I’m not much of a gamer, although I know many who are quite addicted to video games. From what I understand, the objective of such games is to outscore an opponent or outscore your previous score.
Recently you may have heard of stocks that took a rapid rise, followed by a rapid decline. This was in large part due to applications that are part social media and part investment platform. It basically begins like this: someone chats about a publicly traded company. As others join in, more information (not always substantiated) is spread via chat rooms. Those anxious to strike-it-rich use online trading apps to buy or sell the stock du jour. The tricky part is separating fact from fiction, and one must also hope the biggest fool is not them.
New Speeds to an Old Game
These investing games are not new but instead have new technologies applied that allow stocks to move up or down with great volatility and speed. Like video games, the objective is to score points. In this case, the points are money: real money. The flip side to this game is that participants can also lose money.
Proponents of this type of trading contend that such platforms allow the small investor to keep up with sophisticated professional investors. Not everyone agrees, including the Securities and Exchange Commission, some state regulators, and more recently, the House Committee on Financial Services.
Like most innovations, there will be abuses that likely will bring about regulations. Protecting people from others who are taking advantage of them is challenging. Protecting people from themselves is nearly impossible.
I’m not trying to discourage online investing. However, I do caution against active trading when the only way to make money is IF the momentum continues far and long enough to profit.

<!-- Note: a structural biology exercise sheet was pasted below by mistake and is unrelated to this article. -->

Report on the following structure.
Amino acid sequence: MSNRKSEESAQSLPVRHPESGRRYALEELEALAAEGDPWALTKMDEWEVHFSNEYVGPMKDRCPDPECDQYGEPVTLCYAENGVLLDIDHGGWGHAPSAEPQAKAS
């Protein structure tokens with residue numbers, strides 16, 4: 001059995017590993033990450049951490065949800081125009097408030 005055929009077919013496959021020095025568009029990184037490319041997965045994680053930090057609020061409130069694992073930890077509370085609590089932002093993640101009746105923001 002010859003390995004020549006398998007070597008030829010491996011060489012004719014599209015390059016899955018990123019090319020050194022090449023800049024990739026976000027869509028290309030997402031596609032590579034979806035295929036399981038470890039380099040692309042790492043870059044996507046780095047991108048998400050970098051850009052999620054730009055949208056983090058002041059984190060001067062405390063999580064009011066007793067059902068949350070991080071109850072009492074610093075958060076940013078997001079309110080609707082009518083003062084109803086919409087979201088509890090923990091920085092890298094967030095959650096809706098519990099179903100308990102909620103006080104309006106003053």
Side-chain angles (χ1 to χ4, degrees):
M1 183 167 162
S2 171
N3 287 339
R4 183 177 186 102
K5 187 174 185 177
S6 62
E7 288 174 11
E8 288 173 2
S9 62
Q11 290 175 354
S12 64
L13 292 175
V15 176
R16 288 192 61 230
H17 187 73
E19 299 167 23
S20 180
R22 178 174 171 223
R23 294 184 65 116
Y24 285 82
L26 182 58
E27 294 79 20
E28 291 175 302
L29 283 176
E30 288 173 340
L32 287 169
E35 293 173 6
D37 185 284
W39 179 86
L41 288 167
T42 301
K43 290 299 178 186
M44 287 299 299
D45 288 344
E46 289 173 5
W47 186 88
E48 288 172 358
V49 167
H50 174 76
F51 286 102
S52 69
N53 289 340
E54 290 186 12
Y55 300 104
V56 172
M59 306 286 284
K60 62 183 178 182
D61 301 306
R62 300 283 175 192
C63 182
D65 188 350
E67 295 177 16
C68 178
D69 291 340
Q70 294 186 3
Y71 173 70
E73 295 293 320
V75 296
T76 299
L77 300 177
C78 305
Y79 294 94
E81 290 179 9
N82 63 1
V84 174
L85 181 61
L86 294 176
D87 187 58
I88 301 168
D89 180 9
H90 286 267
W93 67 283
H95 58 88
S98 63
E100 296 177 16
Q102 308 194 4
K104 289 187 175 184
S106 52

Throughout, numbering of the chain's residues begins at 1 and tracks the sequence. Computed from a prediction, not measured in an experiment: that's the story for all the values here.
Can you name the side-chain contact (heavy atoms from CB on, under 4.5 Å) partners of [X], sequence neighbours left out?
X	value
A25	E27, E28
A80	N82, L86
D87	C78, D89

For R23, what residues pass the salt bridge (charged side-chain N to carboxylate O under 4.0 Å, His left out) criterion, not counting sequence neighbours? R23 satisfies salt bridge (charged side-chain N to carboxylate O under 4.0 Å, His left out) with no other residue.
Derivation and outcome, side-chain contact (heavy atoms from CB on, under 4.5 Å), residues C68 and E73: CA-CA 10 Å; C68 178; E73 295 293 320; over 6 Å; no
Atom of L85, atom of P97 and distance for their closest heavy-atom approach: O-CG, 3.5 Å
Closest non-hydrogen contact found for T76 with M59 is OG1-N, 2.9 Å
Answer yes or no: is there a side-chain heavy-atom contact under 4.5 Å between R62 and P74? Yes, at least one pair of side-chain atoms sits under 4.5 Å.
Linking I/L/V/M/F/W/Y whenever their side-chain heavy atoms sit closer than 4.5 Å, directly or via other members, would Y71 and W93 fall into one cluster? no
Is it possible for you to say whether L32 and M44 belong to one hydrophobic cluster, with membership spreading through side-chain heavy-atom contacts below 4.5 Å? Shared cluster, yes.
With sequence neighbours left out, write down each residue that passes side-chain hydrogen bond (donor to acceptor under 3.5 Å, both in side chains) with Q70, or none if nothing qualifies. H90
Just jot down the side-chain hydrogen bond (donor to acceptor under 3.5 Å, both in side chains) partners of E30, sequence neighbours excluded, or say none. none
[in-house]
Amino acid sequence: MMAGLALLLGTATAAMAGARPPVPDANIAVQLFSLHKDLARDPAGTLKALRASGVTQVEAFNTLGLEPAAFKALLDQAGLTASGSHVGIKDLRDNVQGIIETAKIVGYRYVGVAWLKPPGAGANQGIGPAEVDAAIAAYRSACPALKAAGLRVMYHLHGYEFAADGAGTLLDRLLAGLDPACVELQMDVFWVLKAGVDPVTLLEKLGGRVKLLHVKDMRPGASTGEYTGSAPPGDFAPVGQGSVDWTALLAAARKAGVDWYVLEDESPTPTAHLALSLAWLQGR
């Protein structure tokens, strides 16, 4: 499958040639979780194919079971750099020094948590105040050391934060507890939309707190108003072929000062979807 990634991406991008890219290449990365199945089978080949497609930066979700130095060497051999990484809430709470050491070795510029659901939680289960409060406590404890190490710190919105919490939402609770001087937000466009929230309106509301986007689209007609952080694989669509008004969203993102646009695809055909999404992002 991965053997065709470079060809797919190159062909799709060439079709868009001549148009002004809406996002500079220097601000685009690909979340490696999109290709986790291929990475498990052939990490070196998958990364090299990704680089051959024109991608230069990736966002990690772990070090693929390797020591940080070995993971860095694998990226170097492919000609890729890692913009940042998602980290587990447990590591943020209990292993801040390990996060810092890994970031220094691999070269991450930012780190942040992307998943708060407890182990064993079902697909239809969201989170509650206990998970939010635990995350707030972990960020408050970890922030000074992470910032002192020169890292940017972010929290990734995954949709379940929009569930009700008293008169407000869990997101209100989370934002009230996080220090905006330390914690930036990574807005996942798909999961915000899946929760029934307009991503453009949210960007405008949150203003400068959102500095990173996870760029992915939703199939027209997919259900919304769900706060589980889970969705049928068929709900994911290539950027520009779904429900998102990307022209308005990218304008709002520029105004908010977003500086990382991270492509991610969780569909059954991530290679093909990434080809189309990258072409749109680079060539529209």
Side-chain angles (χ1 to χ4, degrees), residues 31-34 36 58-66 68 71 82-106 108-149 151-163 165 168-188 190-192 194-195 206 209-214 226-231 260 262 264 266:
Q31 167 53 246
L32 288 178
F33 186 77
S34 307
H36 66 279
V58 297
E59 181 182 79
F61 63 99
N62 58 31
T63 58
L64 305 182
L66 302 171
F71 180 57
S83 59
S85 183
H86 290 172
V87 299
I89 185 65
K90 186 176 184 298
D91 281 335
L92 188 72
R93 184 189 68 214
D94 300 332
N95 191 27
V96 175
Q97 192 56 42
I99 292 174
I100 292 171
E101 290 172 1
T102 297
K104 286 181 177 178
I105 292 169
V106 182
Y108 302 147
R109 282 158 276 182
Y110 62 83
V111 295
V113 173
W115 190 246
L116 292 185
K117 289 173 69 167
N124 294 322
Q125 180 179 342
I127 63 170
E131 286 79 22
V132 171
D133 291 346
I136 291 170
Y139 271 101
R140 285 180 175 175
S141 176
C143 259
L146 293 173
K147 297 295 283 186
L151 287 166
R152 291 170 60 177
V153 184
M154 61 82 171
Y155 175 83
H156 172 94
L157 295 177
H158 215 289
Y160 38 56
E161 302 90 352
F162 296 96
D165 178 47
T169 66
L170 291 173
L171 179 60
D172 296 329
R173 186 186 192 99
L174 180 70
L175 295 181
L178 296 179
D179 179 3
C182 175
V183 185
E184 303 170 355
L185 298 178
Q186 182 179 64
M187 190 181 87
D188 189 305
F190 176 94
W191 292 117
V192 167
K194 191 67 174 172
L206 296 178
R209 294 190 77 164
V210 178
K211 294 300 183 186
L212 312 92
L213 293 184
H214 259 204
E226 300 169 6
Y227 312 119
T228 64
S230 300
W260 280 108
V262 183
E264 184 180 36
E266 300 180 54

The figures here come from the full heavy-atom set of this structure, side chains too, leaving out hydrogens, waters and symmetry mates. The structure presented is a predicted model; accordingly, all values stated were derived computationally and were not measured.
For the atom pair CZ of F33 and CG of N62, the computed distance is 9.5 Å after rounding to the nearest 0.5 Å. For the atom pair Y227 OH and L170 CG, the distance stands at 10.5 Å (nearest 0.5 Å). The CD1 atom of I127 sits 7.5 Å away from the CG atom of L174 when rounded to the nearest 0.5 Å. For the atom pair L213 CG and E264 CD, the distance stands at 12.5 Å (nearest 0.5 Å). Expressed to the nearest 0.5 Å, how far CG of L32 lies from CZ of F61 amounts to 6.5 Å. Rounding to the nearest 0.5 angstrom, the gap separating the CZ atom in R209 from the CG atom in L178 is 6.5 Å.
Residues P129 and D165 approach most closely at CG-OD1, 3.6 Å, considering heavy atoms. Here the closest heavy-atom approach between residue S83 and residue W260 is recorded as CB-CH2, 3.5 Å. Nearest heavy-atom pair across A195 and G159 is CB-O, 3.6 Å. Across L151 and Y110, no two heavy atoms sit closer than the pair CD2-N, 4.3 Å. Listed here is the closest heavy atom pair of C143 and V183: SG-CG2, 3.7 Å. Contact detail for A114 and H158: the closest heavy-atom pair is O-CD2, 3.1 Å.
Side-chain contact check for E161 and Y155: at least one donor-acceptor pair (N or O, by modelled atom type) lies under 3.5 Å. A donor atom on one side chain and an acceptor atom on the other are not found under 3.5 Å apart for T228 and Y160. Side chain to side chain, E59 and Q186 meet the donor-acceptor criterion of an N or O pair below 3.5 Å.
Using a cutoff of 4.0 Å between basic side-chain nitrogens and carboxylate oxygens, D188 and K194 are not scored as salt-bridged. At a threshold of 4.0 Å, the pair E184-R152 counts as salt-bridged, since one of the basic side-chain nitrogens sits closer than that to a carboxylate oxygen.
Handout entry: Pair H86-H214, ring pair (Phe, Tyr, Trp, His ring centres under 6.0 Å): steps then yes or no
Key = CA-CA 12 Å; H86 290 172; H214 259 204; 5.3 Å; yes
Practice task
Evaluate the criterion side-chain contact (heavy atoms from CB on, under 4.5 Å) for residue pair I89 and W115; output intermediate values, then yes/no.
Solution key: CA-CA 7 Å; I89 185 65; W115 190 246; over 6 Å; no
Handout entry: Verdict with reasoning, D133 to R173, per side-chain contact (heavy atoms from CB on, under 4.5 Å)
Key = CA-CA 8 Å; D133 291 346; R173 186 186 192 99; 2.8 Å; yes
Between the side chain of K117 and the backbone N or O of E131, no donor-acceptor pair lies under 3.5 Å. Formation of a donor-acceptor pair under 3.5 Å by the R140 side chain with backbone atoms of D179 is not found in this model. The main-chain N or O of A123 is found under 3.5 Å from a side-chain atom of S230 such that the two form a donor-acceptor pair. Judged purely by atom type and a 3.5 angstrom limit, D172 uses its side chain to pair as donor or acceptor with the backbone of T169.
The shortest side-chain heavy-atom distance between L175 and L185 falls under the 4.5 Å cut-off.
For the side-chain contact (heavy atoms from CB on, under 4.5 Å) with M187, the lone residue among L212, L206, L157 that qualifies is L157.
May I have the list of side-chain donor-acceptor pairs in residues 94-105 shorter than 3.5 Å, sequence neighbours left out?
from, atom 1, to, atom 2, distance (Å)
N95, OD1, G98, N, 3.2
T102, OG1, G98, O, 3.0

There are positive aspects to these investing applications. The apps increase the interest of younger investors who may have previously had no interest. Also, some apps offer educational tools to help new investors. For new investors, some apps are very easy to use, encouraging the average person to feel competent enough to invest. Although the average person can now invest easily on these apps, they fail to have some of the most helpful data easily accessible. Much of the clutter is removed to make these apps user-friendly, but the clutter often contains valuable information for the long-term investor.
It is only the recent extreme volatility that has left some users playing a very dangerous game. If you watched any of the hearing by the House Committee on Financial Services, you have some idea of what I’m talking about. The hearings were to address one stock in particular: GameStop.
Throughout the hearings, some corporate officers found themselves in the hot seat with congressional members. The normal trapping questions and the “YES or NO?” demands aside, the hearings effectively showed there may well be a need for regulation within investing applications for the common investor.
Modern Investing or Financial Gambling?
One corporate officer even said, “investing is investing it’s not gambling”. I certainly agree with the statement, although I’m not sure the actions of some involved exemplified this. Objectively, I believe making investing more available is a good thing, but only when investors are fully aware of risks. To put it simply, it is not good to invest just because one can access an app on their smart phone.
As an experienced investor and financial planner, make sure you fully understand not only what you are investing in but also how you are doing it.
Content in this material is for general information only and not intended to provide specific advice or recommendations for any individual.Investing involves risk including loss of principal.